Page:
By Rachel Roberts
At the college level, natural history education has experienced significant declines within the last couple of decades. During the 1950s, the average number of natural history courses required to obtain an undergraduate biology degree was around three; today, the average number of natural history courses required for that same degree is zero. As defined in the Oxford Journal, Bioscience, natural history is the “fundamental properties of organisms—what they are, how and where they live, and the biotic and abiotic interactions that link them to communities and ecosystems.”
Natural history is important in the sense that it is the foundation for essential knowledge regarding human health, food security, conservation, land management, and recreation. While the natural history discipline has been on the decline, other scientific fields such as molecular biology, genetics, experimental modeling, and ecological modeling have become increasingly popular.
The problem is however, that many of these fields rely on data and specimens from natural history. The direct knowledge of organisms, including what they are, where they live, what they eat, how they behave and die is vital to society and understanding the world we live in. We have a surprisingly limited knowledge regarding our non-human neighbors, and it is almost impossible to understand larger scientific puzzles without all the smaller pieces.
Knowing about the natural history of a place requires a certain degree of time, knowledge, respect, and understanding. What most people lack is the ability to be in a natural place without worrying about something besides what is in front of them in the moment. This is where natural history education is important, as it can help to foster and build connections that allow a person to know the natural history of a place in ways that they didn’t previously think possible.
Natural history, however, doesn’t only need to be conducted in a college classroom. Citizen scientists are society’s “canaries in the coal mine.” Not only does spending time outdoors in nature improve one’s physical and psychological health, citizen scientists provide critical data in the realm of natural history. For example, every year, Audubon hosts a Christmas bird count with thousands of citizen scientists participating, where significant amounts of data regarding bird populations is collected.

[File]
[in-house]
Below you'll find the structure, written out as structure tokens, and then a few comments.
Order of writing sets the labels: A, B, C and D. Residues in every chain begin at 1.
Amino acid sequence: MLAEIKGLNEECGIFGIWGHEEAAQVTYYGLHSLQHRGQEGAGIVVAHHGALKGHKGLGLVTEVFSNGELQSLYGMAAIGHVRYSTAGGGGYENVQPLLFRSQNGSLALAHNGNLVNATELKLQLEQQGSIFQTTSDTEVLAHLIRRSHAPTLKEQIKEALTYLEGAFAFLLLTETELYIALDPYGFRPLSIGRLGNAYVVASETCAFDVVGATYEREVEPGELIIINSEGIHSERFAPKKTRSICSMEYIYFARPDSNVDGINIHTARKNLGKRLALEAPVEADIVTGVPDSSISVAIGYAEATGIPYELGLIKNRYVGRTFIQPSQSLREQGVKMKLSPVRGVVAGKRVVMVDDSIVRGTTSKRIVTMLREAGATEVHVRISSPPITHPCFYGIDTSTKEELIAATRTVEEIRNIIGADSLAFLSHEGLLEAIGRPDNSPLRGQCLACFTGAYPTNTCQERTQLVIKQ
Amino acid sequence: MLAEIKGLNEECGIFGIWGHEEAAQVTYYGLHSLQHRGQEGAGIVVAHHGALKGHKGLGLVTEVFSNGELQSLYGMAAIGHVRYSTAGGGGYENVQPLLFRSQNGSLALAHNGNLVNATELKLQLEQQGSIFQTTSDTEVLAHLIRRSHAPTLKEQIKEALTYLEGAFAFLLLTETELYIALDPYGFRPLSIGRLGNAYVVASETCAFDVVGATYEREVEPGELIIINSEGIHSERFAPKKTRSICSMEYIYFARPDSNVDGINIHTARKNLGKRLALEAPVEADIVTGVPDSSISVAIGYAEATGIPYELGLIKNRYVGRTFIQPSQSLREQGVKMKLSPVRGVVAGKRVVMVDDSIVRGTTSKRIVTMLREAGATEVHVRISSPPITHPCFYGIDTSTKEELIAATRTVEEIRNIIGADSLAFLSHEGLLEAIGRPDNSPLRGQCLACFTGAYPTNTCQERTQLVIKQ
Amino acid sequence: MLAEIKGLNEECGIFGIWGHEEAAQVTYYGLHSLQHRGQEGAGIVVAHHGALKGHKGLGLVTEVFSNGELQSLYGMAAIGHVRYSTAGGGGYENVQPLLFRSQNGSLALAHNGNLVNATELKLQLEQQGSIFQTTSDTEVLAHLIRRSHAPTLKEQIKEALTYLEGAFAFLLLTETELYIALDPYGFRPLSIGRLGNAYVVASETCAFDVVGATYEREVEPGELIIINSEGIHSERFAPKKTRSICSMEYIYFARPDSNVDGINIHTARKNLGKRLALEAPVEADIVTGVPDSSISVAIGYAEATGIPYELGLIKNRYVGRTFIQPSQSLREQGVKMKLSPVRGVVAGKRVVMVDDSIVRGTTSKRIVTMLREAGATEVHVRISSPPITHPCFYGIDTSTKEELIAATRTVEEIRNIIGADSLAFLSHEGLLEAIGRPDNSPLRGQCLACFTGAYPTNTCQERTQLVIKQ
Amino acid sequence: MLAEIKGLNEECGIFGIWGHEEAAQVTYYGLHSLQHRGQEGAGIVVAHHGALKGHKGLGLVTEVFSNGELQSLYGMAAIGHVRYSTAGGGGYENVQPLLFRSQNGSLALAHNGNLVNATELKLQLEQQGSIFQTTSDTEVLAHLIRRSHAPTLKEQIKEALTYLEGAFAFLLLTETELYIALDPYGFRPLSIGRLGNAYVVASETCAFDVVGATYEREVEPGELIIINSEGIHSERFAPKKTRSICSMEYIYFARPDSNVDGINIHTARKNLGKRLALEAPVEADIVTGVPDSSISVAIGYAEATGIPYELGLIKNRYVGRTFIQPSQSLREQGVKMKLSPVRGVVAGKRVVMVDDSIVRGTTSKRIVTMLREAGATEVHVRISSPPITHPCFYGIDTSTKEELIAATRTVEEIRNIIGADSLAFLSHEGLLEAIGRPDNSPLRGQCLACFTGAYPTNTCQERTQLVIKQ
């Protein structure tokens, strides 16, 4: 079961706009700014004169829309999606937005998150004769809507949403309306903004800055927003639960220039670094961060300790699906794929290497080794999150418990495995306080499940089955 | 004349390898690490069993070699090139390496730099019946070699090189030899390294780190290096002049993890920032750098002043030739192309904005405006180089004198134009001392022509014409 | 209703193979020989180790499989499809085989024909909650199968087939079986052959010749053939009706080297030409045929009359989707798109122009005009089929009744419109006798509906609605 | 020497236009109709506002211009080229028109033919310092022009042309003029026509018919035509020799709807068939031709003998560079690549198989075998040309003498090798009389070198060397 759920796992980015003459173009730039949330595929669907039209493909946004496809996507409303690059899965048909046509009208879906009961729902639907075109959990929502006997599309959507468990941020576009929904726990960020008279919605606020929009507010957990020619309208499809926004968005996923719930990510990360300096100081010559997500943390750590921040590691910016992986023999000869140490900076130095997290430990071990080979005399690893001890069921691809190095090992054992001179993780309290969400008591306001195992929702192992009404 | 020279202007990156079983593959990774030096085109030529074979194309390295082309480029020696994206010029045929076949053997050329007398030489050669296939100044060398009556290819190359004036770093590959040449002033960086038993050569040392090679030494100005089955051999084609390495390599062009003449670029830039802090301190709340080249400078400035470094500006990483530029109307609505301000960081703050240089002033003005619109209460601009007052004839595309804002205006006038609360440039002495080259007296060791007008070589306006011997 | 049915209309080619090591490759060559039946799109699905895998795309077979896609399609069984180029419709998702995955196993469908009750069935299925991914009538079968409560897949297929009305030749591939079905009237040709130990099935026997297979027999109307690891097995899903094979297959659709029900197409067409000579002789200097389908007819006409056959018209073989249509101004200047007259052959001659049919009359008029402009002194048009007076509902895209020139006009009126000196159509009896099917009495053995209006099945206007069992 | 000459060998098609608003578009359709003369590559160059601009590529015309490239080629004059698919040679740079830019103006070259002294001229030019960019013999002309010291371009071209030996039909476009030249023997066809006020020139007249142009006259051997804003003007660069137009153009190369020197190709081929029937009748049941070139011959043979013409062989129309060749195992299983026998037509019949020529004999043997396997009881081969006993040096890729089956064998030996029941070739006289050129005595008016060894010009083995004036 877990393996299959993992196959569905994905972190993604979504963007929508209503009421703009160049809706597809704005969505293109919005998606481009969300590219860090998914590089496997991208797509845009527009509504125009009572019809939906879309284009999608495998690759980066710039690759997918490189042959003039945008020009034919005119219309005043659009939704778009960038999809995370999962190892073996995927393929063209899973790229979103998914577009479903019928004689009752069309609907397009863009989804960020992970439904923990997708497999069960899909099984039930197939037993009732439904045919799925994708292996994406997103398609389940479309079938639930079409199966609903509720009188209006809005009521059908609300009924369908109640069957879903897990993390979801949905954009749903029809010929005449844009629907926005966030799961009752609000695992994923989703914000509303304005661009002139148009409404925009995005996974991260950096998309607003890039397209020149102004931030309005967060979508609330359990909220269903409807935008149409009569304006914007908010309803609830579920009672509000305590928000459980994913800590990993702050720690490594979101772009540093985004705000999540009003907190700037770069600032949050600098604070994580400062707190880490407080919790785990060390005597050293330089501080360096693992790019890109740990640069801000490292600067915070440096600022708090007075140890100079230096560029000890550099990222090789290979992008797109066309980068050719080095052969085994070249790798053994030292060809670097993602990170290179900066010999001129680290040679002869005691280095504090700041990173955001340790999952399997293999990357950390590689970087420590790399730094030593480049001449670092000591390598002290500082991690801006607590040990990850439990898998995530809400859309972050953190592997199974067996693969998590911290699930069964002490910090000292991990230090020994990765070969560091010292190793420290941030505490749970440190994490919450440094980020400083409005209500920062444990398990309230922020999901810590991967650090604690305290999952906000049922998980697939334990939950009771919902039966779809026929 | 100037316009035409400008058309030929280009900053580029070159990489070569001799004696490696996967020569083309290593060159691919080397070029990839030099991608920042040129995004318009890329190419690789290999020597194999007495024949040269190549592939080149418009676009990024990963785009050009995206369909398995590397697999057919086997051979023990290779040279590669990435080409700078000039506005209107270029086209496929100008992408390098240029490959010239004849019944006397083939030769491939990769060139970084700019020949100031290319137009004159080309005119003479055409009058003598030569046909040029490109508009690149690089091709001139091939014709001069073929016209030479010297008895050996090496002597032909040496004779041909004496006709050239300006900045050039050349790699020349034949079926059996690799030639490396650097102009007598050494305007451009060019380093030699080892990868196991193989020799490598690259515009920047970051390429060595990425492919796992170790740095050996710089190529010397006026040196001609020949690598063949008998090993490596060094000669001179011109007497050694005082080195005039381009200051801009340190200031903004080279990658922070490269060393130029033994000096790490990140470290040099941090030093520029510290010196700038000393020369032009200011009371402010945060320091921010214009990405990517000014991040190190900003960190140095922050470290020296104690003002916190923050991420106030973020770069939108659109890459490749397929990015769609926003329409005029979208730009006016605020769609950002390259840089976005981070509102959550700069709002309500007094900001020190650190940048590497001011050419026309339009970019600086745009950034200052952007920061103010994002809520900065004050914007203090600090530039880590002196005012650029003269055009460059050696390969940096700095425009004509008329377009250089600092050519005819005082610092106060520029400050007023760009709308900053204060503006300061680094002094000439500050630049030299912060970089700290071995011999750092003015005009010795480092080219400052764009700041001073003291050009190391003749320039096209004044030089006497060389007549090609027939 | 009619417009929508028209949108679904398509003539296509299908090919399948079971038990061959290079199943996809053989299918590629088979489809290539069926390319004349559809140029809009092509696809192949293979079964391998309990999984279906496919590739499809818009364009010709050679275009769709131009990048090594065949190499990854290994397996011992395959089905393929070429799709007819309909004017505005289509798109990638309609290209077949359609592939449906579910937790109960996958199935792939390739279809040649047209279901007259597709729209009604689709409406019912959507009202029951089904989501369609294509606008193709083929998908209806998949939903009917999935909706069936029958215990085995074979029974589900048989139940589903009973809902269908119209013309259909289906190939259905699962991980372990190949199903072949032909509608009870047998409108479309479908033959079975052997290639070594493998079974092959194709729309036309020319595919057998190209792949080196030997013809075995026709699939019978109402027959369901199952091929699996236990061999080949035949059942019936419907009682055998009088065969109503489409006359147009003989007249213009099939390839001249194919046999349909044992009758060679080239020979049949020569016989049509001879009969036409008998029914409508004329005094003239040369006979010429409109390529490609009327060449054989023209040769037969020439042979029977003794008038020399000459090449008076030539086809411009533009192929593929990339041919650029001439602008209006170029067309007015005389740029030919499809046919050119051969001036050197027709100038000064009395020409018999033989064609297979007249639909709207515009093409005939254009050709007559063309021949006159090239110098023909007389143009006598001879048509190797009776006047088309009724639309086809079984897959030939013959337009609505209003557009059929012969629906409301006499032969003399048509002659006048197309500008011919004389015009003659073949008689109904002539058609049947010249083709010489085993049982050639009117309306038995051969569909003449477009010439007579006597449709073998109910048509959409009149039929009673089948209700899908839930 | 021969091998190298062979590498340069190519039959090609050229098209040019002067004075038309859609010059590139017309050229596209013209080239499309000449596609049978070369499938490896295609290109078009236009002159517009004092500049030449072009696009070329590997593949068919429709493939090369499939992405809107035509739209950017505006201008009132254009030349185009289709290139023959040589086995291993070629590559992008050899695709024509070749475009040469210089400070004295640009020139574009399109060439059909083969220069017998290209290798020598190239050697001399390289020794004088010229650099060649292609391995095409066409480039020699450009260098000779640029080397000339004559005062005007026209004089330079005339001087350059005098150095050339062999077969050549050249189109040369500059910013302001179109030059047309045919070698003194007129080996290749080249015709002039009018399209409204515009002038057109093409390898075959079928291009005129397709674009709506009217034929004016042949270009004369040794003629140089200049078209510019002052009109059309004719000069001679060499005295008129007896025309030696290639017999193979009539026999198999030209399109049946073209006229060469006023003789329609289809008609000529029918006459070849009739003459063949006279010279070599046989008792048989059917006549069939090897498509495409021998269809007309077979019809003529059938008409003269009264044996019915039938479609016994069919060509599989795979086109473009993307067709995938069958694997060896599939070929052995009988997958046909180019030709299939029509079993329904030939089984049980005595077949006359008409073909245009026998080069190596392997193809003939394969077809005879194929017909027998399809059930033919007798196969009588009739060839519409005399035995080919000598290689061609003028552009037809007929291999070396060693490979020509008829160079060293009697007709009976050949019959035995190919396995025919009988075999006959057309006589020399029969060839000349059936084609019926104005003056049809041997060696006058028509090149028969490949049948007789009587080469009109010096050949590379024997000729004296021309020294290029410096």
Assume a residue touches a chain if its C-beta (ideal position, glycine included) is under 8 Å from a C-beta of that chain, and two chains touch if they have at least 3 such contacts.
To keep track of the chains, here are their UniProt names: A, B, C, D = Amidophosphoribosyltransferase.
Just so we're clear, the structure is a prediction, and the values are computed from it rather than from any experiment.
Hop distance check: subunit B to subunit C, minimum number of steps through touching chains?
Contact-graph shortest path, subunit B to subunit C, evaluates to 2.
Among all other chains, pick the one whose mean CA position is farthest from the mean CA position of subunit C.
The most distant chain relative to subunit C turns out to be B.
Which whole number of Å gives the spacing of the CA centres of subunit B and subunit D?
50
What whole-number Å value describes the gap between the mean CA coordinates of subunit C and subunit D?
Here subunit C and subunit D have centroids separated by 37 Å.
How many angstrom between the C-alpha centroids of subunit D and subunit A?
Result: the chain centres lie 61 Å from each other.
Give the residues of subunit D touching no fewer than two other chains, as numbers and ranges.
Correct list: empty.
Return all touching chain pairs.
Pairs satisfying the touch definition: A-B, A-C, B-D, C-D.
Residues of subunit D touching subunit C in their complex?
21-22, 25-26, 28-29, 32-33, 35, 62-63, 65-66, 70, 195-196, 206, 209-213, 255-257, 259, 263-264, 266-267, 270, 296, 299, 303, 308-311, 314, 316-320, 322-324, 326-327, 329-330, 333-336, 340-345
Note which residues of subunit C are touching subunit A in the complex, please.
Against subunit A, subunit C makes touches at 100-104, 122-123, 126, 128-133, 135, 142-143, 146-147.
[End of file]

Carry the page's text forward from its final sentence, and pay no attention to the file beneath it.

There is a role for everyone including research, teaching, policy- making, financial support, and conservation. Naturalists and citizen scientists of all ages are needed, so reach out, recruit, and educate your fellow citizens!
“Christmas Bird Count.” Audubon. Audubon. Web. 17 Dec. 2014. <http://birds.audubon.org/christmas-bird-count>.
Frazer, Jennifer. “Natural History Is Dying, and We Are All the Losers | The Artful Amoeba, Scientific American Blog Network.”Scientific American Global RSS. Scientific American, 20 June 2014. Web. 17 Dec. 2014. <http://blogs.scientificamerican.com/artful-amoeba/2014/06/20/the-slow-painful-decline-of-natural-history-and-its-unintended-consequences/>.
“Natural Decline.” Nature.com. Nature Publishing Group, 4 Apr. 2014. Web. 17 Dec. 2014. <http://www.nature.com/news/natural-decline-1.14966>.
Tewksbury, Joshua, John Anderson, Jonathan Bakker, Timothy Billo, and Peter Dunwiddie. “BioScience.” Natural History’s Place in Science and Society. Bioscience, 26 Mar. 2014. Web. 17 Dec. 2014. <http://bioscience.oxfordjournals.org/content/early/2014/03/23/biosci.biu032.full>.
Viscardi, Paolo. “Natural History Collections –- Why Are They Relevant?” The Guardian. The Guardian, 12 Apr. 2011. Web. 17 Dec. 2014. <http://www.theguardian.com/science/punctuated-equilibrium/2011/apr/12/2>.